People who do not have access to an employer's scheme will have the opportunity of a stakeholder pension because such schemes will be required to allow transfers in and out at no cost, and they will be able to switch them on and off over a lifetime at no cost. That adds to flexibility on pensions, but there is no way that we shall be able to regulate that further by including the state scheme in that provision. It is not possible to put a price on it. If we could, it would break the bank, because it would require the transfer of the SERPS accruals that have not been taken but have been worked for over the years. It would be horrendously expensive, and would have to be paid for by today's contributors. We would have major problems on national insurance contributions.
That said, this is a legitimate issue to raise, and I make no complaints about that. I may have gone a bit far on the first part of the amendment, although it does say ``may''. There is a price for that, and we would hope that people would not go down that route based on the information with which we shall be able to provide them. They would be much better off coming out of state second pension than they would have been if they stayed in it, although for most of those people state second pension will be better than SERPS.
The Chairman's attention having been called to the fact that eight Members were not present, he suspended the proceedings, and other Members having come into the room and eight Members being present, the proceedings were resumed.
Mrs. Jacqui Lait (Beckenham): Before I sum up, I should be grateful if the Minister of State would answer my question about the lower earnings limit and working families tax credit.
Mr. Rooker: I am happy to deal with that, and I apologise to the hon. Lady because I promised that I would do so. She is right. The working families tax credit claimants earning below the lower earnings level will be in the same position as other people earning below the LEL. The generous boost to those who earn at or above the lower earnings level will be an incentive for lower earners to increase the amount of work that they do to take them over the level.
I obviously cannot comment on the press speculation about the national minimum wage. It is a few pounds from the lower earnings level. To take a hypothetical figure, if the minimum wage were set at £3.70 an hour, 16 hours' work would earn £59.20, which is less than £8 from the lower earnings level. Those lower earners would require just another couple of hours or so to get above the lower earnings level.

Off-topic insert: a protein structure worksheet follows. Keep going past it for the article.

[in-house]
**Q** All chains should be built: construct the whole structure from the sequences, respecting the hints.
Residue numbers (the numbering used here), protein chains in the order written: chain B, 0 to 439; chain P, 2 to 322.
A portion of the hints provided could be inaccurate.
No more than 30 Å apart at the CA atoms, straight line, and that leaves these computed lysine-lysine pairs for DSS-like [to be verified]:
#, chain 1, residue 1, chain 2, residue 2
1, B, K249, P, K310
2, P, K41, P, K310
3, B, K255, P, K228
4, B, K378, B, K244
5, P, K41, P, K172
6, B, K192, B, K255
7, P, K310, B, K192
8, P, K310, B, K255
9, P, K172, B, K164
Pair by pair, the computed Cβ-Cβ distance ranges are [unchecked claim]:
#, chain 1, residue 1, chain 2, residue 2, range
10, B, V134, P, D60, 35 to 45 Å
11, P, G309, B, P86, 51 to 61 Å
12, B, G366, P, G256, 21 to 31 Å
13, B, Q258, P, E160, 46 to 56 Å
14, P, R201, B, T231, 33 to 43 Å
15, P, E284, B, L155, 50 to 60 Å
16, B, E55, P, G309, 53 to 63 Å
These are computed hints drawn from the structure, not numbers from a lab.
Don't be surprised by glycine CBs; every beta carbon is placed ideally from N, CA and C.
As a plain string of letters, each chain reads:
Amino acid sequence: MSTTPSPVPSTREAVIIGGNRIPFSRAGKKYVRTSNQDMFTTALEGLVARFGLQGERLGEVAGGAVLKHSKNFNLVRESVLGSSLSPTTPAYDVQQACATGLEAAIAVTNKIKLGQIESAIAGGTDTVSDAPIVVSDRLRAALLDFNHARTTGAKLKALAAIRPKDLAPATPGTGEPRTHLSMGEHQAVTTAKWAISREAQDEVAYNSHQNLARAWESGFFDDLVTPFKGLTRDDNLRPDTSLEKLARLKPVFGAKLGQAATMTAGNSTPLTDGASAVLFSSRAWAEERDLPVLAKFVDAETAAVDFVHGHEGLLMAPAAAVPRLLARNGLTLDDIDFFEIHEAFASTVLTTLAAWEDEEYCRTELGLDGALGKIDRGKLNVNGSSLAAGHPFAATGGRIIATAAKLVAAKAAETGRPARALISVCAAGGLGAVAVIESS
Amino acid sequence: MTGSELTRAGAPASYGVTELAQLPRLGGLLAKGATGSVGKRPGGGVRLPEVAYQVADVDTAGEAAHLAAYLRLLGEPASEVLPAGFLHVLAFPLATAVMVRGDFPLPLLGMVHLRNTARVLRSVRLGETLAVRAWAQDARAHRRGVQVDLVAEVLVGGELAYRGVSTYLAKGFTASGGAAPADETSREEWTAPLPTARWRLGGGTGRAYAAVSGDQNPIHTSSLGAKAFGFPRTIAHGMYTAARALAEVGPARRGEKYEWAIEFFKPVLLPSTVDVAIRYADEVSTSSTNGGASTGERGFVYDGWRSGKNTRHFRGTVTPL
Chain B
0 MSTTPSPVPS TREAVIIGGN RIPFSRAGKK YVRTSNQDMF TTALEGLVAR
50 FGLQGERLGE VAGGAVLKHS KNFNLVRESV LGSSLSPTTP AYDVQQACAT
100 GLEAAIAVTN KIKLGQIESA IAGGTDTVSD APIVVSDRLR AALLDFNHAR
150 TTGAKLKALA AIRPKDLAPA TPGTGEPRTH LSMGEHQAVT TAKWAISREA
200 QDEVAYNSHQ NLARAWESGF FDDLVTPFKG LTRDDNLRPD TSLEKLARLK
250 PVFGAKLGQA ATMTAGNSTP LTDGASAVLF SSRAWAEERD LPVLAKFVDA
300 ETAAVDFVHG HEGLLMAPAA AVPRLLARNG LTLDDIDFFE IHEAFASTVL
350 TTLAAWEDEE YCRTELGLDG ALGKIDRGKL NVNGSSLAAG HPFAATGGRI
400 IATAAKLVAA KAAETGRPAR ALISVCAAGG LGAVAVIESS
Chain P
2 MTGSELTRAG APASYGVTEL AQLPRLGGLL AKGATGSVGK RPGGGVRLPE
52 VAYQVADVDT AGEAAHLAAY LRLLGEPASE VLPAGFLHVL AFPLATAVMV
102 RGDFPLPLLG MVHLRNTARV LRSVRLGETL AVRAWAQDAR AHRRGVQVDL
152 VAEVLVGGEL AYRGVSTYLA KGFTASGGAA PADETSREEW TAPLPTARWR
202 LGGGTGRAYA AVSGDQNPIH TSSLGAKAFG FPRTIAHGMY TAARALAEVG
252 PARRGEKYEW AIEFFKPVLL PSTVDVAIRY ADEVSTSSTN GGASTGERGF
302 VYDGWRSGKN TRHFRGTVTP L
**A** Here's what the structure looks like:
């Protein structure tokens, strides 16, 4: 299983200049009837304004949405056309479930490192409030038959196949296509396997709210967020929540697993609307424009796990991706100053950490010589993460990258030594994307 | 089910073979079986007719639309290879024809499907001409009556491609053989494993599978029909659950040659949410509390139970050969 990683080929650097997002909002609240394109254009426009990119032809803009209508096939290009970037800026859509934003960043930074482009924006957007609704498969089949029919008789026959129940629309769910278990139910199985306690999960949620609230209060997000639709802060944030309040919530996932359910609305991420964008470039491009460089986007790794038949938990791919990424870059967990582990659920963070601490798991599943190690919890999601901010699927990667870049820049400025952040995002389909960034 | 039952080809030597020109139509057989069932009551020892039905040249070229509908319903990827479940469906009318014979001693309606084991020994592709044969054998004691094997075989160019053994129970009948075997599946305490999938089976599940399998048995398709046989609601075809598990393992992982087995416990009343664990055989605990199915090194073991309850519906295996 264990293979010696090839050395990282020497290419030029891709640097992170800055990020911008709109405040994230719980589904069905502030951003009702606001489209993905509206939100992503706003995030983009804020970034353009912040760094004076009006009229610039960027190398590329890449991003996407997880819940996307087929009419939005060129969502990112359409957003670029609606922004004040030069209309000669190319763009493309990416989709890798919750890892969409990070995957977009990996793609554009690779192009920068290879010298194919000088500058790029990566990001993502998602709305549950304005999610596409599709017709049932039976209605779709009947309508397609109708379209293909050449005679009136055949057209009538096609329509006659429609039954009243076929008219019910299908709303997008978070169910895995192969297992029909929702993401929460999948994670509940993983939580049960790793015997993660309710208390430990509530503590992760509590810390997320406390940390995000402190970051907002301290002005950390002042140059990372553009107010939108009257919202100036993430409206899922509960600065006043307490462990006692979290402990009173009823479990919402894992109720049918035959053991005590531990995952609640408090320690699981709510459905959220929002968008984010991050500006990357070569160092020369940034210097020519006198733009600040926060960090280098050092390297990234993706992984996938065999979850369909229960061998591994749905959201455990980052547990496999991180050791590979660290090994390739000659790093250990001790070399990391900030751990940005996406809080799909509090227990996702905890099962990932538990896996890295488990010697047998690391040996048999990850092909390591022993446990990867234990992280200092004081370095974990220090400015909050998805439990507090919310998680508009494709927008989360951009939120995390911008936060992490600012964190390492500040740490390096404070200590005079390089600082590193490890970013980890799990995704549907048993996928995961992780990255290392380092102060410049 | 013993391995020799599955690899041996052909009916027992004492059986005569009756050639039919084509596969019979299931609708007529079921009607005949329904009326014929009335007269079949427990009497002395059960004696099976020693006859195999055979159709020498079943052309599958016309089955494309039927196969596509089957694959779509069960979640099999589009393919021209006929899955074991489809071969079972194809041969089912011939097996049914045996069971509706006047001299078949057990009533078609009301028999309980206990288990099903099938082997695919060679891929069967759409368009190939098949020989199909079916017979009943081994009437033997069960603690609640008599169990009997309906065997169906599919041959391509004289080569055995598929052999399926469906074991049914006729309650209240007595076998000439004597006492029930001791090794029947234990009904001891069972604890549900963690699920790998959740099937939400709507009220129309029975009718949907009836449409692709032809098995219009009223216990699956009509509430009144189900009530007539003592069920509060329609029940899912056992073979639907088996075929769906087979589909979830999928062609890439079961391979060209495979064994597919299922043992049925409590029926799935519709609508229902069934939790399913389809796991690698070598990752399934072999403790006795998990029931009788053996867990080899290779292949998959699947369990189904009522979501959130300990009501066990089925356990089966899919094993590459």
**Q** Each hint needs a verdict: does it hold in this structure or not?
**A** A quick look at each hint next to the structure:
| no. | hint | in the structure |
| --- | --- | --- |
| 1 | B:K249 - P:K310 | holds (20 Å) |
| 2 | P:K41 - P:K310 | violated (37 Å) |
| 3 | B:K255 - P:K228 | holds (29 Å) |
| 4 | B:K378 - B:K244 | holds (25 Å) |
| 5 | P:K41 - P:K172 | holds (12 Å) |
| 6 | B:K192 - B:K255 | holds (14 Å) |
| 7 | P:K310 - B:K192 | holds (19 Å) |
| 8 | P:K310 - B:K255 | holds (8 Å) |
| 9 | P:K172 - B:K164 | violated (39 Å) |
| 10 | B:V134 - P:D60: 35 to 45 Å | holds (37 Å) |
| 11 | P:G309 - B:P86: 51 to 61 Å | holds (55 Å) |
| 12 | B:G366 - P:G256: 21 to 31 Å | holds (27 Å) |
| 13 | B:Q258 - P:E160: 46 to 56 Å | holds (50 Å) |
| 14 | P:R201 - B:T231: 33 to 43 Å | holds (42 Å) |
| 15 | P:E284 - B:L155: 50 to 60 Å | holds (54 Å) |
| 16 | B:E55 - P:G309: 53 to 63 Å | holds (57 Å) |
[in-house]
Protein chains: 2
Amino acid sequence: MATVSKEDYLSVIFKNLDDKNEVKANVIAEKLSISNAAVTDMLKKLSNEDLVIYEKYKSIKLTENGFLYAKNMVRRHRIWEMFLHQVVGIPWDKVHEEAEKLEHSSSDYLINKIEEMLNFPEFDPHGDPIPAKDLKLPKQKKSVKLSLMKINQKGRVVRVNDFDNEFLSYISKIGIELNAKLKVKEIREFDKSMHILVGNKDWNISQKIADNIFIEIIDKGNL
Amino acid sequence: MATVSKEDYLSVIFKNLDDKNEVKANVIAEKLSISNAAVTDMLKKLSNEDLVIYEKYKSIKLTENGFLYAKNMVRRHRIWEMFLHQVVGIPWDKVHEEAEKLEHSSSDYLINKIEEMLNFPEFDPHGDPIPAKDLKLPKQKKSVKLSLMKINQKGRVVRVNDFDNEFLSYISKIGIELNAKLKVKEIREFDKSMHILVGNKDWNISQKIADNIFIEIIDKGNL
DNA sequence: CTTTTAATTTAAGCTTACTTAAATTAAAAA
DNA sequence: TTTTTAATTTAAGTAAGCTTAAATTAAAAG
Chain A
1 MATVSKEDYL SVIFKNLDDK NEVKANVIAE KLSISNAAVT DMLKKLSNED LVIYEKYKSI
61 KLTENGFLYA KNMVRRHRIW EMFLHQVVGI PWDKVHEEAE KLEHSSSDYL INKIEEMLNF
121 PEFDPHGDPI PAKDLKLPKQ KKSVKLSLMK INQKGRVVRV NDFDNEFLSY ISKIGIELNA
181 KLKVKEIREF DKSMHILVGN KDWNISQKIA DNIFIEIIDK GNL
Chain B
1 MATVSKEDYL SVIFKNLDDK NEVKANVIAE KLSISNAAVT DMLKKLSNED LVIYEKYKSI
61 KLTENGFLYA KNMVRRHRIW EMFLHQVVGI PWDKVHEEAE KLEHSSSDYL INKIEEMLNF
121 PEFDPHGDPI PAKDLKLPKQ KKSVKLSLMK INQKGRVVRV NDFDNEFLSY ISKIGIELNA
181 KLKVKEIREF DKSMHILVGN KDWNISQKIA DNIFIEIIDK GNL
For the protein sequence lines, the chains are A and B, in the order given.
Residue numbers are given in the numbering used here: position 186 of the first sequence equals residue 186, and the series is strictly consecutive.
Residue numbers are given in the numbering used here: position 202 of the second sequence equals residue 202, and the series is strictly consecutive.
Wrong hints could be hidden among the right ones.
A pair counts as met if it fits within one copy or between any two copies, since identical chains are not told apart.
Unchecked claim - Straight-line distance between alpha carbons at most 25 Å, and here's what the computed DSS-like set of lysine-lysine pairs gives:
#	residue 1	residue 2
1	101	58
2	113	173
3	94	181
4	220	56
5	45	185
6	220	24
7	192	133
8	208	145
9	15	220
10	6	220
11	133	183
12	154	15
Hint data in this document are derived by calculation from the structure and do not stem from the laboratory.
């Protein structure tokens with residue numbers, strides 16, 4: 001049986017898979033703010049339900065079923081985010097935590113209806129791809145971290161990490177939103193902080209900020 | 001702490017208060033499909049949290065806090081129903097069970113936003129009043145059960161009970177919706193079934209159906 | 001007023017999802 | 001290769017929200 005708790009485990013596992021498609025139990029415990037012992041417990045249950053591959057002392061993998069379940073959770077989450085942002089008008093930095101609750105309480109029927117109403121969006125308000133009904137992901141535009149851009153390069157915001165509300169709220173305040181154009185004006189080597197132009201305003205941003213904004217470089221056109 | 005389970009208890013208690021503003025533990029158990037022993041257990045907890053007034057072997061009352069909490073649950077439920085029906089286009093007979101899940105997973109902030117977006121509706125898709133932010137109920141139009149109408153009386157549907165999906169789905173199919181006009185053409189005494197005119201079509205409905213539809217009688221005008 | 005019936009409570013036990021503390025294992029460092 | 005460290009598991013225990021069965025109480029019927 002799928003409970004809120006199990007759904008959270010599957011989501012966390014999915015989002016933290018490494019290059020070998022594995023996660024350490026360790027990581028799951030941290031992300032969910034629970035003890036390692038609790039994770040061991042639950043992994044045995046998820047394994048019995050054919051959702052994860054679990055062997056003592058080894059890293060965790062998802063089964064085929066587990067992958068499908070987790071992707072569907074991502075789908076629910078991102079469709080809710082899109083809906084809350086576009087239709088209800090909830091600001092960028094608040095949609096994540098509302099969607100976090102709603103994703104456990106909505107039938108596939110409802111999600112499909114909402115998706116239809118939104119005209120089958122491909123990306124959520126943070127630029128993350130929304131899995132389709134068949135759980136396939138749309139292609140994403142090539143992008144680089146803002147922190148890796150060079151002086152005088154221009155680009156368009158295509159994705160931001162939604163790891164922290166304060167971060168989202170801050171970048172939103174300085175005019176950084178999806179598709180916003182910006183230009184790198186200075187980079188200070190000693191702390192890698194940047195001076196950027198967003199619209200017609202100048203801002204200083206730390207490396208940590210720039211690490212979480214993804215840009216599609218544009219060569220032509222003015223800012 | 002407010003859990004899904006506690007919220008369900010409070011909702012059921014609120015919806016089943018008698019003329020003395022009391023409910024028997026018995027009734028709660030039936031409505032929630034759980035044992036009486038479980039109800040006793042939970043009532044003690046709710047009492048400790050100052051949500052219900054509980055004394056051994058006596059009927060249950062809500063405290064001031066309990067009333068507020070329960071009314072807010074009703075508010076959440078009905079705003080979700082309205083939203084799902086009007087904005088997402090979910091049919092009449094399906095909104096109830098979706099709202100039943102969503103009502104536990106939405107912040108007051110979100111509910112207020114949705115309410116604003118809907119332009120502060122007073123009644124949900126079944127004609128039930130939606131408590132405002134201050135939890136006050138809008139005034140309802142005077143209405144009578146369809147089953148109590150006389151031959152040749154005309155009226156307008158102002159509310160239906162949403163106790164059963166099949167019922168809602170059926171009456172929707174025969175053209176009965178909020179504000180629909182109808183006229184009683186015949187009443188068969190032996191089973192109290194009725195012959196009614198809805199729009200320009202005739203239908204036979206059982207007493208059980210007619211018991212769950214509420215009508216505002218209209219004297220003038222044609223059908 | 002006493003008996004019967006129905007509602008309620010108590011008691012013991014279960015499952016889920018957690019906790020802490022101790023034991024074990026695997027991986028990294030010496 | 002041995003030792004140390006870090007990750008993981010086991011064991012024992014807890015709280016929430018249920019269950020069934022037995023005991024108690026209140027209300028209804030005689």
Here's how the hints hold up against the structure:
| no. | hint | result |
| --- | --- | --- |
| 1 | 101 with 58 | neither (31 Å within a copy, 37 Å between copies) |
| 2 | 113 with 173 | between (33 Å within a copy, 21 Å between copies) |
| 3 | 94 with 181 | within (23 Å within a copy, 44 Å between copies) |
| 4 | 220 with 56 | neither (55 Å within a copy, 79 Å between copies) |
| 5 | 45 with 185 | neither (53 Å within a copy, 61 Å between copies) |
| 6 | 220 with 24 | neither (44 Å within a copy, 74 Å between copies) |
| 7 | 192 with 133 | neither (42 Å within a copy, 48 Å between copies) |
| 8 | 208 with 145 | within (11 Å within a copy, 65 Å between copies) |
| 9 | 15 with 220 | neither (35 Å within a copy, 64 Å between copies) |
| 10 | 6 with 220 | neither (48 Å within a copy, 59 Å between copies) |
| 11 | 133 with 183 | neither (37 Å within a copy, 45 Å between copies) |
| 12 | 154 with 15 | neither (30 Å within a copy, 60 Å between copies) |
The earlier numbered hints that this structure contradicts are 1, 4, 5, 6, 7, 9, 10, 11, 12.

We touched on this issue when we discussed people who pay class 1 and class 2 contributions at or around the lower earnings level. There are unintended side effects: they are certainly not part of the policy. Recipients with earnings above the lower earnings level will be better off than they would be under the existing arrangements. Once they have crossed that threshold, they will receive the low-earners boost. Unfortunately, it is not possible at the moment to give the hon. Lady any estimates of the numbers involved.
There may be some quirky outcomes according to people's particular family circumstances. Some high earners may be losers, especially if they have six children or more, depending on the tax credits. Those sums exist. It is not possible to give a 100 per cent. guarantee that all will be gainers and there will be no losers. The position of the self-employed is a separate issue not included in the Bill. The commitments I gave stand at that point.
Working families tax credit claimants may be close to the lower earnings level. There is an incentive for them to get those extra couple of hours in so as to go above the lower earnings level. Once they go above that, they are on the low-earners boost of £9,500, which is a substantial increase from the £3,400 of the lower earnings level. I hope that that answers the hon. Lady's question, and I apologise again for missing it out.
Mrs. Lait: I am grateful to the Minister for that reply. I should like to have a longer think about that point. People at that low level should not miss out on the changes. I mentioned earlier the iron law of unforeseen consequences, and this is possibly one of them. I may return to this issue at another time.
The Minister dismissed the idea of transferability too lightly, because that has been done in other countries and it is possible, with the right approach, to think these things through. I understand that it is not within the scope of the Bill to do that, but it should not be dismissed as briefly as it was.
The other point that has emerged is the huge cost to the economy in 2050—some £18 billion, which is about 9p in the pound or 9 per cent. in VAT, unless the Minister is convinced that the economy will grow by that amount and will continue in this high level of growth pattern that would defy economic gravity, let alone any other forms of gravity over 50 years. It just does not happen like that. However, that is looking into the future. We are not 100 per cent. happy with the replies that we have received, but as this issue is so complex, we shall think further about it. I beg to ask leave to withdraw the amendment.
Amendment, by leave, withdrawn.
Question proposed, That the clause stand part of the Bill.